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UGA Arch from Broad Street CAES News
Third round of Presidential Interdisciplinary Seed Grants awarded
Eleven grants totaling $1.5 million were awarded in November 2021 to recipients of the third round of Presidential Interdisciplinary Seed Grants. Overall the awards went to faculty from 13 UGA departments, centers, programs, schools and colleges.
UGA horticulture scientist Ye Juliet Chu is the latest peanut researcher in the College of Agricultural and Environmental Sciences to produce three breeding lines from peanut’s wild relatives. (Submitted photo) CAES News
UGA researchers create disease-resistant hybrids from wild peanuts
Using proven production practices to fight disease in the field, Georgia farmers produce half the peanuts grown in the U.S. each year. Modern peanut varieties carry few genetic defenses against some of the more devastating diseases, so peanut farmers carefully consider when to plant, whether to irrigate and when to apply fungicide and insecticide to keep those diseases from infecting the plant.
Pam Knox visits a UGA weather station on the Durham Horticulture Farm in Watkinsville, Georgia. CAES News
Georgia was warmer and wetter than average in 2021
In 2021, Georgia experienced its coldest year since 2014, with an average temperature of 64.5 degrees Fahrenheit. But the temperature was still well above the long-term average of 63.4 F and ranked the 20th warmest year overall since statewide records began in 1895.
UGA's College of Agricultural and Environmental Sciences has a fall 2020 undergraduate enrollment of 1,456, and a graduate/professional student enrollment of 624, its highest graduate enrollment to date. CAES News
CAES launches entrepreneurial speaker series for students
On Jan. 19, the University of Georgia College of Agricultural and Environmental Sciences Office of Research will launch a four-part virtual seminar series titled “Start, Sustain, Succeed!” covering topics in agriculture, food and sustainable entrepreneurship.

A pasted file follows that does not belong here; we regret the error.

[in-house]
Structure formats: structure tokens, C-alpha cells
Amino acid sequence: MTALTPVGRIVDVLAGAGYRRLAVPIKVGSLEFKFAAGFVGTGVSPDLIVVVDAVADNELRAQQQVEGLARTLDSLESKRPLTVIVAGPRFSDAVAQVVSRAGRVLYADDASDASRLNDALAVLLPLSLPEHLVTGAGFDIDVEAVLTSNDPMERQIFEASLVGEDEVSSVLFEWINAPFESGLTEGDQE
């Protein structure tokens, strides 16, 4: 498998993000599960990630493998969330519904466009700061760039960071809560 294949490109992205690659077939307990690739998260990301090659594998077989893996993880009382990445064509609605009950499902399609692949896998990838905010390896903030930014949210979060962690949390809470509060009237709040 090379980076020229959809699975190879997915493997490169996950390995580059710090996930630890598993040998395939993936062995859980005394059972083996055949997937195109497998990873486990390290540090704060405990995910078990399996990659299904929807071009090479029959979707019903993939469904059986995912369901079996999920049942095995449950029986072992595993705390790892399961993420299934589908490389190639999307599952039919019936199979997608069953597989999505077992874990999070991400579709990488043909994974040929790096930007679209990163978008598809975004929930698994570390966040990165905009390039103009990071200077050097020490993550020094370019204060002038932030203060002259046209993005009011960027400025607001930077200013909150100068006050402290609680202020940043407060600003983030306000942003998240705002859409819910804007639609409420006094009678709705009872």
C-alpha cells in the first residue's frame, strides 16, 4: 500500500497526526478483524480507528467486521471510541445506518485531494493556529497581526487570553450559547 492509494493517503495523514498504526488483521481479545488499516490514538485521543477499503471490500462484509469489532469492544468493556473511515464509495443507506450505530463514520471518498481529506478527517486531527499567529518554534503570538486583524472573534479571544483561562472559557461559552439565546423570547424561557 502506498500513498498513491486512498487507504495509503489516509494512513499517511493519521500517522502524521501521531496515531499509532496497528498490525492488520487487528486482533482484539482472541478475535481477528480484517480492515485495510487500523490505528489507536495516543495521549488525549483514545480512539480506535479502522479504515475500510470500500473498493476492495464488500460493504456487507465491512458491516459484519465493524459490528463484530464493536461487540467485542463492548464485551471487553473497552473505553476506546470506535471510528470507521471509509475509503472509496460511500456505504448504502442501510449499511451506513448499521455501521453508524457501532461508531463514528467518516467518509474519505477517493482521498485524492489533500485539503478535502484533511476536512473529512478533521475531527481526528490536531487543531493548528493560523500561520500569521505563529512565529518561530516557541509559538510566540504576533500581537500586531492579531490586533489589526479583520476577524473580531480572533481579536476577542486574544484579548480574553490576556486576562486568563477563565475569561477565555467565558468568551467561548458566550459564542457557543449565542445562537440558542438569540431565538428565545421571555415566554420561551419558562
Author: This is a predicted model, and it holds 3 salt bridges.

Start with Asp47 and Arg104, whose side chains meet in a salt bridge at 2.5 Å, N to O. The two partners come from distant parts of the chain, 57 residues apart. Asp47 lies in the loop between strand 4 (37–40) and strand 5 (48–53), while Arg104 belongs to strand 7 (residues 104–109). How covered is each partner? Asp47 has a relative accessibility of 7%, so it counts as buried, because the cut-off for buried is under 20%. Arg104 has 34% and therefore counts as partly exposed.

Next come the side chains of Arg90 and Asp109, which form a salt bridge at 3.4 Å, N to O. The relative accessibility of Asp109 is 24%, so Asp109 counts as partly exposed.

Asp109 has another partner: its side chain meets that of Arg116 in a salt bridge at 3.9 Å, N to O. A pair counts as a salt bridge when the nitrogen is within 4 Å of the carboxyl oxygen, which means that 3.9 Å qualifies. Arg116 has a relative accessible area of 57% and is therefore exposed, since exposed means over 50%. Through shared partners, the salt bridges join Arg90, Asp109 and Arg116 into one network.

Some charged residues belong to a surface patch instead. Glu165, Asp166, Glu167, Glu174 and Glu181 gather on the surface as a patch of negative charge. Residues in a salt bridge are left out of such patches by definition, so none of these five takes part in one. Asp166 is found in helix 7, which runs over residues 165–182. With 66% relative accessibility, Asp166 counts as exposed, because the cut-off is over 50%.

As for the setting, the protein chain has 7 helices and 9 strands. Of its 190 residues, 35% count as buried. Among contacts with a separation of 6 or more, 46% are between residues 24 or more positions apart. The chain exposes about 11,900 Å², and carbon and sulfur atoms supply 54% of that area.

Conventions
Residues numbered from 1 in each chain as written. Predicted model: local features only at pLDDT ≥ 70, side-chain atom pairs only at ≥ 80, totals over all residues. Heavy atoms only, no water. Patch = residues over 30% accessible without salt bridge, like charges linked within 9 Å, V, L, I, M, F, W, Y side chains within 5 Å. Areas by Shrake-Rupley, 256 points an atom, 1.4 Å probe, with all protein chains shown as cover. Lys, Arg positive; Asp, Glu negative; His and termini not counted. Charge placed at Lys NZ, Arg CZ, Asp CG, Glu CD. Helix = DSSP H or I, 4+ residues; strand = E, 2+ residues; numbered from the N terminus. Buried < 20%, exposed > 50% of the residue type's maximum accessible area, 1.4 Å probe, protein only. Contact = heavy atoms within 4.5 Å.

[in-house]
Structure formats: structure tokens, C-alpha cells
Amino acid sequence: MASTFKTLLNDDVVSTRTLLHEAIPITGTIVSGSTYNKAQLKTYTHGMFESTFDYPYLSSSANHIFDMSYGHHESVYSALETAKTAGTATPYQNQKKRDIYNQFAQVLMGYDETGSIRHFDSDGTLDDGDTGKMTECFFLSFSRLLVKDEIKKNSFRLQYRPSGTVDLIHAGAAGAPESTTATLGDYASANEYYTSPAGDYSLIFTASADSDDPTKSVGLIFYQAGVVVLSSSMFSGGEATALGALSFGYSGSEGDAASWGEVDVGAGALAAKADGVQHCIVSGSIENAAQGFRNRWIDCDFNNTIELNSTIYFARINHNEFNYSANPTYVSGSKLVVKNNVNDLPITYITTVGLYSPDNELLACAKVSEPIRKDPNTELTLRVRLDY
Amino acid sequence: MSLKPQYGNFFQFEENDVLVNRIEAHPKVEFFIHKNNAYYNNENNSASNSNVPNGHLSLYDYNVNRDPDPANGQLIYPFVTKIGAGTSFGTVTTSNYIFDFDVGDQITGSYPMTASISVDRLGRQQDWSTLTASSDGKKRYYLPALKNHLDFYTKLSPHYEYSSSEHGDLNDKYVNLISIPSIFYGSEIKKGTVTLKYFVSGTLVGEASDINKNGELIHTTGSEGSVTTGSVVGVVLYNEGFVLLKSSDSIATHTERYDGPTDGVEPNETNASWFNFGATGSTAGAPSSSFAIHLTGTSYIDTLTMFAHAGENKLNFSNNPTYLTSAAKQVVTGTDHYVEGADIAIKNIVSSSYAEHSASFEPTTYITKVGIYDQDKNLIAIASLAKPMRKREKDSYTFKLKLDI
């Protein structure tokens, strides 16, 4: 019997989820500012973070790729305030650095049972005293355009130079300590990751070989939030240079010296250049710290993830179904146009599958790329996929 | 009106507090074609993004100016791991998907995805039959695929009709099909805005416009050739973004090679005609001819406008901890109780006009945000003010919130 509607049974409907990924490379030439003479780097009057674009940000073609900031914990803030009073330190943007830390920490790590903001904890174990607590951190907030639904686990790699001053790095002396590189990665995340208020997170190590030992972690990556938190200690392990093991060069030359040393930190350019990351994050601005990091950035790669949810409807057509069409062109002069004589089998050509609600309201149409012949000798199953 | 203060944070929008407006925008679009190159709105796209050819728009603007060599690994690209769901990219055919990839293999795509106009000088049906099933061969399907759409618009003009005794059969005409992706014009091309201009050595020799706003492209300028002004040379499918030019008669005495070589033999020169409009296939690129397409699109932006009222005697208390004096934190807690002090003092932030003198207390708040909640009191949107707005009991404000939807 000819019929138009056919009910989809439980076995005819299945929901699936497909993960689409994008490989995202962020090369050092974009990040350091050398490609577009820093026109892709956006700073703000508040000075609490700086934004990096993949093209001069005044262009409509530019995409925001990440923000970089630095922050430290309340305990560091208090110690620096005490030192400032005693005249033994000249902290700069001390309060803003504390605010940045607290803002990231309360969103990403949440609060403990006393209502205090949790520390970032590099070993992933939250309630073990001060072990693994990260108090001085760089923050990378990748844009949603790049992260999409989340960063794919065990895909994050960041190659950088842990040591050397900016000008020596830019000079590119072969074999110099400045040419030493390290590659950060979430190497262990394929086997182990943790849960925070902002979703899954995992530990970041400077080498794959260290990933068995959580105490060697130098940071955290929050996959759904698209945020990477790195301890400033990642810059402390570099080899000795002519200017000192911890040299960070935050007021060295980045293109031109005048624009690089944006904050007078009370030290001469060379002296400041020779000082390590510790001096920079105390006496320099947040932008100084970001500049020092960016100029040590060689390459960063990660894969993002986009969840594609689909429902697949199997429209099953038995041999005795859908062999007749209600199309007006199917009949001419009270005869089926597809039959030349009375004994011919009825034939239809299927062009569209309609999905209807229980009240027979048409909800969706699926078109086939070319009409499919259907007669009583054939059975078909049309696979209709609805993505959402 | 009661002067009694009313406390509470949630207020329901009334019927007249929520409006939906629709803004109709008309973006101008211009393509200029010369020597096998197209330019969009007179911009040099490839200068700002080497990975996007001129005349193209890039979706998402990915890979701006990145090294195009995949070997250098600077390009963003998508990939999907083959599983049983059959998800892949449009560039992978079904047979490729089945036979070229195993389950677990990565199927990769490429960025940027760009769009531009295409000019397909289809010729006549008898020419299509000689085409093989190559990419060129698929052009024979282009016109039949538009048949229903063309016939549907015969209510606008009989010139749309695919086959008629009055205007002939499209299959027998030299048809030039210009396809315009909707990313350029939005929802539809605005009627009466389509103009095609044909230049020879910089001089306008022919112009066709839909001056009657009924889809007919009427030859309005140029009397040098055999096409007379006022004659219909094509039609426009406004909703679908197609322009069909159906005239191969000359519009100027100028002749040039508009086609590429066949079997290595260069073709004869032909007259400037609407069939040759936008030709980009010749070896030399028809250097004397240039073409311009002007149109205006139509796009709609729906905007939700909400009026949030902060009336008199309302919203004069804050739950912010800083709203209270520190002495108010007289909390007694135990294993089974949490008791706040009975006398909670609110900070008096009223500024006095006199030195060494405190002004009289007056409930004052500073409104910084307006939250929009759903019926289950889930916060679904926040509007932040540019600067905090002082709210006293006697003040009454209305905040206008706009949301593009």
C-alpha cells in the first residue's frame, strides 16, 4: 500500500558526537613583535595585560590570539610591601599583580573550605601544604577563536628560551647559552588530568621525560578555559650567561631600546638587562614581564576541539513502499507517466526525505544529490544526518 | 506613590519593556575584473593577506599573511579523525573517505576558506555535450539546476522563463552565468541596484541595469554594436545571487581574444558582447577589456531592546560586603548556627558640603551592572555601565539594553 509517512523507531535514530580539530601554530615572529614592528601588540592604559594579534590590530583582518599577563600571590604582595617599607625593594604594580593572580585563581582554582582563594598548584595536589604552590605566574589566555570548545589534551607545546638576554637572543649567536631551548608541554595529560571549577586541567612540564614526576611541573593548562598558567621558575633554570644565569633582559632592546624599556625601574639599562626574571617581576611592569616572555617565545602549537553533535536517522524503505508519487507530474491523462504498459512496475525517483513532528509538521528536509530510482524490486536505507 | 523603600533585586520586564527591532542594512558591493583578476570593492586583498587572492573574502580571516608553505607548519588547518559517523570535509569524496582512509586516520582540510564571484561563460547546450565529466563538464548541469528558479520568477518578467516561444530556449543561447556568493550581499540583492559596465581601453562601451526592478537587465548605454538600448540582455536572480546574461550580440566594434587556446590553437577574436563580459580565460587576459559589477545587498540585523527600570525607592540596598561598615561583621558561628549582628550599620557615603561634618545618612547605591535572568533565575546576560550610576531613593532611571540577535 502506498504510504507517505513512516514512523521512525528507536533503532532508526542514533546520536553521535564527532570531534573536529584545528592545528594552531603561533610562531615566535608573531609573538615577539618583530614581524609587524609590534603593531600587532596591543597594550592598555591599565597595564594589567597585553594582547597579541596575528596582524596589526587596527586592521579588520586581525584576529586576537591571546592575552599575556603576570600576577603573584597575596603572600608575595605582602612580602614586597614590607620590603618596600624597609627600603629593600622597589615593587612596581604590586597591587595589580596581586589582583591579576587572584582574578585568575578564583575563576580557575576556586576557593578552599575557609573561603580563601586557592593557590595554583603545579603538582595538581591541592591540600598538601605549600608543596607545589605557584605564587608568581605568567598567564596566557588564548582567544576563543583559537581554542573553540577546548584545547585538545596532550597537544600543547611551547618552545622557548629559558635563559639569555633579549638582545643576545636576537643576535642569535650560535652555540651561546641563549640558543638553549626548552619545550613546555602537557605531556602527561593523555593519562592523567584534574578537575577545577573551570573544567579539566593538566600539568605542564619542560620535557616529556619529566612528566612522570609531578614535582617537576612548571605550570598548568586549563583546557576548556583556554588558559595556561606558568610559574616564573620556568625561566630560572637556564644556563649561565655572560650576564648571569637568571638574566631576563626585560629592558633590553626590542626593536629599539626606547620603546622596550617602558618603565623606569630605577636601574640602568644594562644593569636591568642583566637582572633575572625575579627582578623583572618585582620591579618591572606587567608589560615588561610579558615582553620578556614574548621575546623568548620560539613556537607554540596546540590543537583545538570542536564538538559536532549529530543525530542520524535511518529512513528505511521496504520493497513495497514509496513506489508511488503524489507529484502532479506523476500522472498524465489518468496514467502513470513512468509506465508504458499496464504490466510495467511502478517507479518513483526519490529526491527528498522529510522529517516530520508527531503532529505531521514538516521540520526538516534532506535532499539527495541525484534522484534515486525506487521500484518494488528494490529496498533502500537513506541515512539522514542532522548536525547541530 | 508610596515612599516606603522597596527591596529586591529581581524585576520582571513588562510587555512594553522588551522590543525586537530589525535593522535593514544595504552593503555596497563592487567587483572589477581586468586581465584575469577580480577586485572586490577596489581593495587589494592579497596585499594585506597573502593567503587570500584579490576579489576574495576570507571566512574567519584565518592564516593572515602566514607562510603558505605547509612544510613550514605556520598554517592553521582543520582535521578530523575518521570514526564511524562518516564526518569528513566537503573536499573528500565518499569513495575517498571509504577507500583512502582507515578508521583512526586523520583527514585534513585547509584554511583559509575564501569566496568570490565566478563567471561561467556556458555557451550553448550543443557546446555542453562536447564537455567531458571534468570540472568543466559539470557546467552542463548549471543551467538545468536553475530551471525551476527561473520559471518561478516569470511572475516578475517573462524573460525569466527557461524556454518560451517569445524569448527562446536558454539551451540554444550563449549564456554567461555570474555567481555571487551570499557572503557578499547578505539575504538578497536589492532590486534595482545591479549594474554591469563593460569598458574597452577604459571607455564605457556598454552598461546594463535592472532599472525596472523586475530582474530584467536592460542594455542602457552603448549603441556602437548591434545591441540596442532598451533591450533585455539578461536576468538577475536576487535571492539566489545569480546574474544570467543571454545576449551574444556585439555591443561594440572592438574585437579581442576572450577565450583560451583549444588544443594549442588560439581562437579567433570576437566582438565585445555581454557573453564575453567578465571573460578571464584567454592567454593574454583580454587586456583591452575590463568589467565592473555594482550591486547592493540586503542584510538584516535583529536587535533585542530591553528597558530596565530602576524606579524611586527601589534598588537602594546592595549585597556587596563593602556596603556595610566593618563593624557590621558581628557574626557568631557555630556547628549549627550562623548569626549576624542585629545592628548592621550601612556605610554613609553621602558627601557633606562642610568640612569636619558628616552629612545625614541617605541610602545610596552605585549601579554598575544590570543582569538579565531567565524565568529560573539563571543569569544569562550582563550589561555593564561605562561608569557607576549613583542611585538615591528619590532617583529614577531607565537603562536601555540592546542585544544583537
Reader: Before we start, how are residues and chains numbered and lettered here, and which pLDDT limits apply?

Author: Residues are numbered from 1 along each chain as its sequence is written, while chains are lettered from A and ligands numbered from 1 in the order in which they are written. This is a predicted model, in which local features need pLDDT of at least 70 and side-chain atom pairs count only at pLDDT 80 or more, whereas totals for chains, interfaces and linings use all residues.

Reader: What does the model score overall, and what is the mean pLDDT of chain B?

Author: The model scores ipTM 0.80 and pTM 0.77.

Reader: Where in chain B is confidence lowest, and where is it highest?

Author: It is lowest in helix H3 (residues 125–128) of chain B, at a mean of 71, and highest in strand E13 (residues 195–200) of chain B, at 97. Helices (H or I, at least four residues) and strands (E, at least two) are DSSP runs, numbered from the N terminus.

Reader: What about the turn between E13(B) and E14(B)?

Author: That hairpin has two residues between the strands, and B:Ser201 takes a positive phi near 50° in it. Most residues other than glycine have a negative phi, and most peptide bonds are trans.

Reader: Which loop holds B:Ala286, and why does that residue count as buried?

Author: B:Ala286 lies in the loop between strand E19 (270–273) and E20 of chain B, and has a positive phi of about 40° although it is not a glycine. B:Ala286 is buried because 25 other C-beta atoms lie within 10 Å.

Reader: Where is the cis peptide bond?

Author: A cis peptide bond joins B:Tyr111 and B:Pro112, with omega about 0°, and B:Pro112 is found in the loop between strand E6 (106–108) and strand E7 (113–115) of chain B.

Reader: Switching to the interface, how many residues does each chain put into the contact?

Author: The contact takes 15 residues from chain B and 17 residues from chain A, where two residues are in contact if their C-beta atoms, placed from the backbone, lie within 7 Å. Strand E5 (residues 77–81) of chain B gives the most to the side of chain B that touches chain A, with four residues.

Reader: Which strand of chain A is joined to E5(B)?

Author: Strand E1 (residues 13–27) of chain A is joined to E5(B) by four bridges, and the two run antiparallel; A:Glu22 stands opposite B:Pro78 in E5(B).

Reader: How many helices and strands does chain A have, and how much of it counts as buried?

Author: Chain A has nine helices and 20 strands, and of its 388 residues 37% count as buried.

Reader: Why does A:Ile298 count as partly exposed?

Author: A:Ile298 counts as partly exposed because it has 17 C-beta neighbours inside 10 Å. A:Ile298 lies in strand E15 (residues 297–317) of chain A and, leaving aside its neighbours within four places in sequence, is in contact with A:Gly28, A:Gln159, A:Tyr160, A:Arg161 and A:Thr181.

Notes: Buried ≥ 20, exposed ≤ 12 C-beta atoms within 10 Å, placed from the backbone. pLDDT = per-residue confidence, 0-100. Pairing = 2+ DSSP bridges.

CAES researchers Mussie Habteselassie, Bochra Bahri and David Jespersen are testing the benefits of using nanobubble-infused irrigation water to more efficiently grow sods and maintain turfgrass. (Photo by Andrew Davis Tucker/UGA) CAES News
Nanobubble technology may improve soil health, sustainability in the turfgrass industry
While the old song “Tiny Bubbles” lauds the happy effervescence of a glass of sparkling wine, new University of Georgia research on nanobubbles seeks to discover whether the tiniest of bubbles can hold beneficial properties for turfgrass.
Examples of a living mulch (top) and cereal rye cover crop terminated prior to planting (bottom). CAES News
UGA researchers evaluate the benefits of cover crops, living mulches in Georgia cotton
For most row crop producers in Georgia, corn, cotton and peanut are planted in the spring and harvested in late fall. After harvest, the ground is left relatively bare, with the residue of the harvested crop the only organic material left on the ground. This is where cover crops come in.
Melissa Mitchum SCN Coalition 720x400 CAES News
UGA and MU awarded $1.2 million NSF-NIFA grant to fight the soybean cyst nematode
University of Georgia plant pathology researcher Melissa Mitchum will co-direct a $1.2 million award from the joint National Science Foundation and U.S. Department of Agriculture National Institute of Food and Agriculture (NSF-NIFA) Plant-Biotic Interactions Program to help combat a devastating soybean pathogen with colleagues at the University of Missouri.         
kassem lab large (1) CAES News
Gene that causes antimicrobial resistance in bacteria discovered in Georgia
A gene that causes bacteria to be resistant to one of the world’s most important antibiotics, colistin, has been detected in sewer water in Georgia. The presence of the MCR-9 gene is a major concern for public health because it causes antimicrobial resistance, a problem that the World Health Organization has declared “one of the top 10 global public health threats facing humanity.”
Pam Knox visits a UGA weather station on the Durham Horticulture Farm in Watkinsville, Georgia. CAES News
Southeast climate workshops open to the public
The authors of the Southeast chapter of the Fifth National Climate Assessment will hold virtual workshops in late January and early February and are inviting the public to share their thoughts on climate change-related issues.